‘The Age of Terror’ Brings to Life Singaporeís Struggle Against Communist Terrorism

An interview with film director Dominic Ow

Film director Dominic Ow (R) posing with an actor in his three-part online series ëThe Age of Terrorí. 
By Seah Loi Shun
Epoch Times Staff


Singapore is known for its public safety, yet its streets were once besieged with violence and terror during the 1950s postwar era.

Who were the people who caused the deaths of scores of innocent civilians? What were their methods? And how did they justify it?  Many of the answers can be found in the three-part online series, ‘The Age of Terror’. Drawn from real-life historic events, the drama brings viewers back to the terror and chaos of the 1950s communist insurgency, as Singapore struggled against communist terrorism.

Produced by local film-maker Dominic Ow and funded by the Ministry of Home Affairs, the emotionally charged series narrates the story of a Special Branch detective as he impedes the communist threat during the Malayan Emergency.

Dominic, 43, hopes The Age of Terror will increase awareness of Singapore‘s pre-independence history and the Malayan Emergency, a part of history that is less well-known to many young Singaporeans, including himself initially. He also hopes it will remind viewers that Singapore is not immune to terrorism.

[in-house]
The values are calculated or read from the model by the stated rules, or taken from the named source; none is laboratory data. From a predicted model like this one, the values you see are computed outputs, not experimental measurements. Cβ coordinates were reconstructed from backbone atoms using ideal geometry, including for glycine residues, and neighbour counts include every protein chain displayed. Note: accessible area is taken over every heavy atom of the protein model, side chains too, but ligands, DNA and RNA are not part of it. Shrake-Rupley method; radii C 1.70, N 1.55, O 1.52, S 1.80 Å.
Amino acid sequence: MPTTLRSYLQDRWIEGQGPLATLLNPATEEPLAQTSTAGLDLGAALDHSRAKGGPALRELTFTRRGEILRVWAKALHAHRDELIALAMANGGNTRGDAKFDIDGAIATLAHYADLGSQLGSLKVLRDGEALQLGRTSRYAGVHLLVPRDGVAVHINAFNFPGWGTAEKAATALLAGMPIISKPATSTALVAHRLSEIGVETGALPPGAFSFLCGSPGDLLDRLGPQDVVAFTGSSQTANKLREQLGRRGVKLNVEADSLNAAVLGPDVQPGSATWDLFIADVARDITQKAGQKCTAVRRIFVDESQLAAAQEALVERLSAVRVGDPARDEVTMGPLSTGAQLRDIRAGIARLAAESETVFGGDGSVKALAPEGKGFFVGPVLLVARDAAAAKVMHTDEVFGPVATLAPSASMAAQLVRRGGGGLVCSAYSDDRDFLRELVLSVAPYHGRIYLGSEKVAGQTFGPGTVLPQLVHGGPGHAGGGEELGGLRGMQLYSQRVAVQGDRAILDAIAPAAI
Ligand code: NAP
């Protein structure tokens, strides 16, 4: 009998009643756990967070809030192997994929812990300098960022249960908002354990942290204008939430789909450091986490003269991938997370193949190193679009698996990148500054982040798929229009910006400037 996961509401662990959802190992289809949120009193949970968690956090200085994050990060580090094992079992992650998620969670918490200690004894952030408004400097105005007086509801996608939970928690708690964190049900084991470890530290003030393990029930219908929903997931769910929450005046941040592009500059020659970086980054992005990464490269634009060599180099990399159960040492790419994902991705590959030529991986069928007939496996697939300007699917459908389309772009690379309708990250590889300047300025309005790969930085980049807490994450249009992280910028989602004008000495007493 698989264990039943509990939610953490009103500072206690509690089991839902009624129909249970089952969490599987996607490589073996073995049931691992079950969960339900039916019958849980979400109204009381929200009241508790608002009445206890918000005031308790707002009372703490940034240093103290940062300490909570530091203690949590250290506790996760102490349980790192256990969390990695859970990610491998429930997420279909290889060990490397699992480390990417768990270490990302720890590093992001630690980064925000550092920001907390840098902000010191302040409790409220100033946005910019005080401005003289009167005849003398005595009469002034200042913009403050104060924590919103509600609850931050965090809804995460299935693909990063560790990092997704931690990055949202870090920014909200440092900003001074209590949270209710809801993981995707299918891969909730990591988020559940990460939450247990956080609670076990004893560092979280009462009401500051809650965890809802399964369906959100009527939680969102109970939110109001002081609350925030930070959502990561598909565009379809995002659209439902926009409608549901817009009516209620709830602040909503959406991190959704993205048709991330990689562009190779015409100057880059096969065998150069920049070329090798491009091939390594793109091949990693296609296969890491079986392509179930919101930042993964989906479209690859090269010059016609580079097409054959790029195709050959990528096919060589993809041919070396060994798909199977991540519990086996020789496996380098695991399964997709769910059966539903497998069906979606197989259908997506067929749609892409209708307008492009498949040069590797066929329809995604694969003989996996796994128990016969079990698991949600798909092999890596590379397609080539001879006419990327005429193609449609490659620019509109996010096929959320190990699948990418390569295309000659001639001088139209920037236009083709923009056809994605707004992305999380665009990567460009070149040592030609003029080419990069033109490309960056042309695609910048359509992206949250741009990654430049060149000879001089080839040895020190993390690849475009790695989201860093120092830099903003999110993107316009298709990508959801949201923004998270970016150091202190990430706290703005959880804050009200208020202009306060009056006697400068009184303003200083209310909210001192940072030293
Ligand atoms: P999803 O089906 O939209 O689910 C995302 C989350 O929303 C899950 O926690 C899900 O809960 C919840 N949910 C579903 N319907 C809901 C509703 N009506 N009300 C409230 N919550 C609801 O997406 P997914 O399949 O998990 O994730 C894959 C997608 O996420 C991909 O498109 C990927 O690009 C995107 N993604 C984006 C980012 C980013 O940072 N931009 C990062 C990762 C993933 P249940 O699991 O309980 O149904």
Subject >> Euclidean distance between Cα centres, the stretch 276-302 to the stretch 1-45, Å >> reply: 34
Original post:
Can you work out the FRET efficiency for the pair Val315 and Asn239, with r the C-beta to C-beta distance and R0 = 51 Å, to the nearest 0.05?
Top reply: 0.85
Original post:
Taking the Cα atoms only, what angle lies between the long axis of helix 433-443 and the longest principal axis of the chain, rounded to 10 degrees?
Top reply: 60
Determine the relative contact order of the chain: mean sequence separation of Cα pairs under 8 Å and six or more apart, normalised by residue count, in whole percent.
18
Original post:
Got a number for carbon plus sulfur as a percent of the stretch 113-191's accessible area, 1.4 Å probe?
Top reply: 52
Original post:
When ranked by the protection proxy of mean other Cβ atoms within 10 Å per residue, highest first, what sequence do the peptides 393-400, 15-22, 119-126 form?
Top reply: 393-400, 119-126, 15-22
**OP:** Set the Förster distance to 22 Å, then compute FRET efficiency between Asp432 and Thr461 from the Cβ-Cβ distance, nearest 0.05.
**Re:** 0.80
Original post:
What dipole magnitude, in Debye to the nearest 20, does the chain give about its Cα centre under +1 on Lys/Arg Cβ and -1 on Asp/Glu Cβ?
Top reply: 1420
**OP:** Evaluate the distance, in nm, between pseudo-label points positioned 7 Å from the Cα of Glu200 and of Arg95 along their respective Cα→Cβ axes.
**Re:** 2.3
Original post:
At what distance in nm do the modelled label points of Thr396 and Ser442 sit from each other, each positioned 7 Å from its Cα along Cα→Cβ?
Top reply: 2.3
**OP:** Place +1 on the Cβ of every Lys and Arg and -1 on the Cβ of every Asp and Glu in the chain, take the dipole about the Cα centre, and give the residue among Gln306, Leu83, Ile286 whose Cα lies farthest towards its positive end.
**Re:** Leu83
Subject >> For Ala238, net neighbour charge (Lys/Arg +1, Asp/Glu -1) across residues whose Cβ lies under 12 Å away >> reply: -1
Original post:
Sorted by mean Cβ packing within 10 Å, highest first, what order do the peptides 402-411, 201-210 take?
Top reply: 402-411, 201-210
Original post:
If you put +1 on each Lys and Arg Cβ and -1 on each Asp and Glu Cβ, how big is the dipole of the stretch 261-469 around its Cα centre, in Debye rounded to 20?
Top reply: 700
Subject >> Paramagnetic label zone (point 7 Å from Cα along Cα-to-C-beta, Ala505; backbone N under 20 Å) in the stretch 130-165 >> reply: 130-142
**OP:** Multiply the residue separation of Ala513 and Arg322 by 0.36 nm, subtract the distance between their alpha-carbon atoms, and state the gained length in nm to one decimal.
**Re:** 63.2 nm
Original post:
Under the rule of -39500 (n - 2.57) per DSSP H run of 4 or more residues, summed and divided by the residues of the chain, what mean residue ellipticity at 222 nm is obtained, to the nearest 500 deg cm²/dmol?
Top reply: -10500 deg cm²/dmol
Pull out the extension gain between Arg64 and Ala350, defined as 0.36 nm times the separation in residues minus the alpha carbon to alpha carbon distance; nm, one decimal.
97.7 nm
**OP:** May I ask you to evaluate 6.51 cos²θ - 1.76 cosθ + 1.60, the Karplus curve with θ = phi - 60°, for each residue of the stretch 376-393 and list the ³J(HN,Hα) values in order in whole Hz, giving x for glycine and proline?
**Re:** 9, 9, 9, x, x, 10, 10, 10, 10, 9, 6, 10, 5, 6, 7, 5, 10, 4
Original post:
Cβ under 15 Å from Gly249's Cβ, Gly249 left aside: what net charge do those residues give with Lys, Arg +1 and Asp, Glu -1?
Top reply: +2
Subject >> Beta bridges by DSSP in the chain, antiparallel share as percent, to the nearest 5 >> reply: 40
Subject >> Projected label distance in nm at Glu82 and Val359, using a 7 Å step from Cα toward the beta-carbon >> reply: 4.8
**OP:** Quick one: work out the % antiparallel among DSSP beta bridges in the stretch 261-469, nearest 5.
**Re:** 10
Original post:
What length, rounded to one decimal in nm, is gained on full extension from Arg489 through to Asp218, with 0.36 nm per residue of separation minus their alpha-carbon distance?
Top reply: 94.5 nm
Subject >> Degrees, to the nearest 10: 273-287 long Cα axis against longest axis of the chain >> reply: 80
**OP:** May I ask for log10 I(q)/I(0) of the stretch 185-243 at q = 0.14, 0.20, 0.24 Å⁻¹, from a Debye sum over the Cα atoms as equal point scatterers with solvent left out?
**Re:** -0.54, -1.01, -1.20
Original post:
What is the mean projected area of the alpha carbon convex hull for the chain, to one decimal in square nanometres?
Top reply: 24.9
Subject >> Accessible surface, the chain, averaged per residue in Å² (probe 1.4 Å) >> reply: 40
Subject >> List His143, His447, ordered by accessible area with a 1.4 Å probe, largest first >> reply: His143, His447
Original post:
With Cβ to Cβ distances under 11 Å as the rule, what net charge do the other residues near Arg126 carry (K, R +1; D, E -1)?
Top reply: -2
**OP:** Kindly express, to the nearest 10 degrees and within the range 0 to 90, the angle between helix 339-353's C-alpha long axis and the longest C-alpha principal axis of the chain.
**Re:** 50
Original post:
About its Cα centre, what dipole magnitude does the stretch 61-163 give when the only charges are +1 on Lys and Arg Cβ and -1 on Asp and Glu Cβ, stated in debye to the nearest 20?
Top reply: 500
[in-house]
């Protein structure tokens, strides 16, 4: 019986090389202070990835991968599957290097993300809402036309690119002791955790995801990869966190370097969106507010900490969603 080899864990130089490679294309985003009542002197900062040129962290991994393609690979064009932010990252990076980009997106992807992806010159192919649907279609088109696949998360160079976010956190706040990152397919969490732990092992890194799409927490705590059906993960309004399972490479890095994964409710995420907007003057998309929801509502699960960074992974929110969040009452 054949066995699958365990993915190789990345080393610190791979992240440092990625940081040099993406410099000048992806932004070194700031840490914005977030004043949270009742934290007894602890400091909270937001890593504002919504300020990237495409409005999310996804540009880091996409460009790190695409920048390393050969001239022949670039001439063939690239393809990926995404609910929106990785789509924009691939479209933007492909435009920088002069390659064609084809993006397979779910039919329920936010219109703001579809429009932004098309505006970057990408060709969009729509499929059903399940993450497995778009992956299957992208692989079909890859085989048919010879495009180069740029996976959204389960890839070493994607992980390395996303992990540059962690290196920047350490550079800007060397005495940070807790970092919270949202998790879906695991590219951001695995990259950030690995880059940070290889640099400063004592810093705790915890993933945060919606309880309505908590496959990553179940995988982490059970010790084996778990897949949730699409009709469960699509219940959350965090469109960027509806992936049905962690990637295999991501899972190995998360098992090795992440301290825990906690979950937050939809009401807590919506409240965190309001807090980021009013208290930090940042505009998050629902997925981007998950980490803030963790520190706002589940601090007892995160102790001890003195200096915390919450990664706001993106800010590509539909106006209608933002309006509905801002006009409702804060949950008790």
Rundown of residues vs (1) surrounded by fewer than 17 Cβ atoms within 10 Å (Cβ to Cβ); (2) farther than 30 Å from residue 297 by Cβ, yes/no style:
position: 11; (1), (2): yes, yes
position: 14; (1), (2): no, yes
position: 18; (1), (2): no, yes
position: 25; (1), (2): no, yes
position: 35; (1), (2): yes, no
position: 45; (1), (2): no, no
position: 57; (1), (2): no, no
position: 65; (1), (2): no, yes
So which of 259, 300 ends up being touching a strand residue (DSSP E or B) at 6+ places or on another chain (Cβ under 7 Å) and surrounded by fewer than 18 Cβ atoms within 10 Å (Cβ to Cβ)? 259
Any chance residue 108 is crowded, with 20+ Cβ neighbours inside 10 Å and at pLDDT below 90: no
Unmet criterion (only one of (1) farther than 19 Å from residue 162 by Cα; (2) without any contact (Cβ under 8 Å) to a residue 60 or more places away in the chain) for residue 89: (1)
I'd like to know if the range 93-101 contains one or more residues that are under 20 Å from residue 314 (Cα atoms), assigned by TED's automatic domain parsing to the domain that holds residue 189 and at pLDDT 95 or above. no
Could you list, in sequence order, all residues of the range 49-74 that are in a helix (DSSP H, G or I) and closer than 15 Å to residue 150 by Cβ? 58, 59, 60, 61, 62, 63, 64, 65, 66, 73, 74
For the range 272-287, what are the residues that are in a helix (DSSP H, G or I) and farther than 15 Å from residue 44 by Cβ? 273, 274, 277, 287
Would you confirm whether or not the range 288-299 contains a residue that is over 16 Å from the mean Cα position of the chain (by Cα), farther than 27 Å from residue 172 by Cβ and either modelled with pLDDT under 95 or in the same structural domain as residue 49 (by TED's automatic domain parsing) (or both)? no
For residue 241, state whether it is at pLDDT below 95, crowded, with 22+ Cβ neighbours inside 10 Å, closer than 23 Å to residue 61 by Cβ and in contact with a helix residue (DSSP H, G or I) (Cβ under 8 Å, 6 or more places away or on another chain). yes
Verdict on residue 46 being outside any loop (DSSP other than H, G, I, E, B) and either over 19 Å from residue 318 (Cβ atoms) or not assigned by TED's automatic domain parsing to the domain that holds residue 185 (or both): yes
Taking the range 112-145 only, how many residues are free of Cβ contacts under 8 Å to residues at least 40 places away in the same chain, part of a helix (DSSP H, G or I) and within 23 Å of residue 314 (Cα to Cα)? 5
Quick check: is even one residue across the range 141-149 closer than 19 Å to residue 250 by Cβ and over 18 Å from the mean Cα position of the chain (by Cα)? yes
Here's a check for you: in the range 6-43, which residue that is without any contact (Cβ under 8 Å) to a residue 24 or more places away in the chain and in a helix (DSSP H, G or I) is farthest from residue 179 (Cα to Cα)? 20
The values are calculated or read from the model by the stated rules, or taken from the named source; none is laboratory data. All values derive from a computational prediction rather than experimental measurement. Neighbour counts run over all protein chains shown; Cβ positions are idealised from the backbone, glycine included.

Uncovering the Pre-Independence Days of Turbulence

While interviewing a former Special Branch detective who had fought against the communist threat in the 1950s, Dominic was surprised to learn about the violence and ideological struggles that took place. It was a side of Singapore’s history he never knew existed.

Dominic recalled that the history he learnt in school was “less a narrative than a series of data points – In 1819, Raffles founded Singapore; 1942, Singapore fell to the Japanese; 1945, the Japanese surrendered …”

He felt that Singaporeans should have a more holistic view of history, instead of being limited to what happened after 1965 – the year of Singapore‘s independence.

Fascinated by what he had learnt, Dominic researched into the communist insurgency and collected as much information as he could. These became building blocks for the film’s plot.

Singaporeís Past Experience With Terror

The series brings to life the climate of terror during the 1950s, when grenade attacks on police stations, arson, and cold-blooded assassinations of civilians and security personnel were daily occurrences.

One true incident, which was faithfully recreated in the series, is the shooting of a female rubber factory supervisor by the communists, in the name of “justice for ‘oppressing’ her workers”.

Following a spate of violence by the Malayan Communist Party (MCP), a state of emergency was declared in Singapore on 24 June 1948. Planning to establish communist rule in Singapore and Malaya, the MCP started to subvert law and order by controlling trade union activism and engaging in guerrilla warfare.

Gradually, with the colonial government gaining the upper hand, the MCP lost the guerrilla war in Malaya. They then turned to urban subversion in Singapore, which began in 1950. This was when the MCP carried out its campaign of arson and murders, and is the main setting for The Age of Terror.

The shadowy, callous communist killer in the drama takes after a real communist killer squad leader, Wong Fook Kwang alias Tit Fung.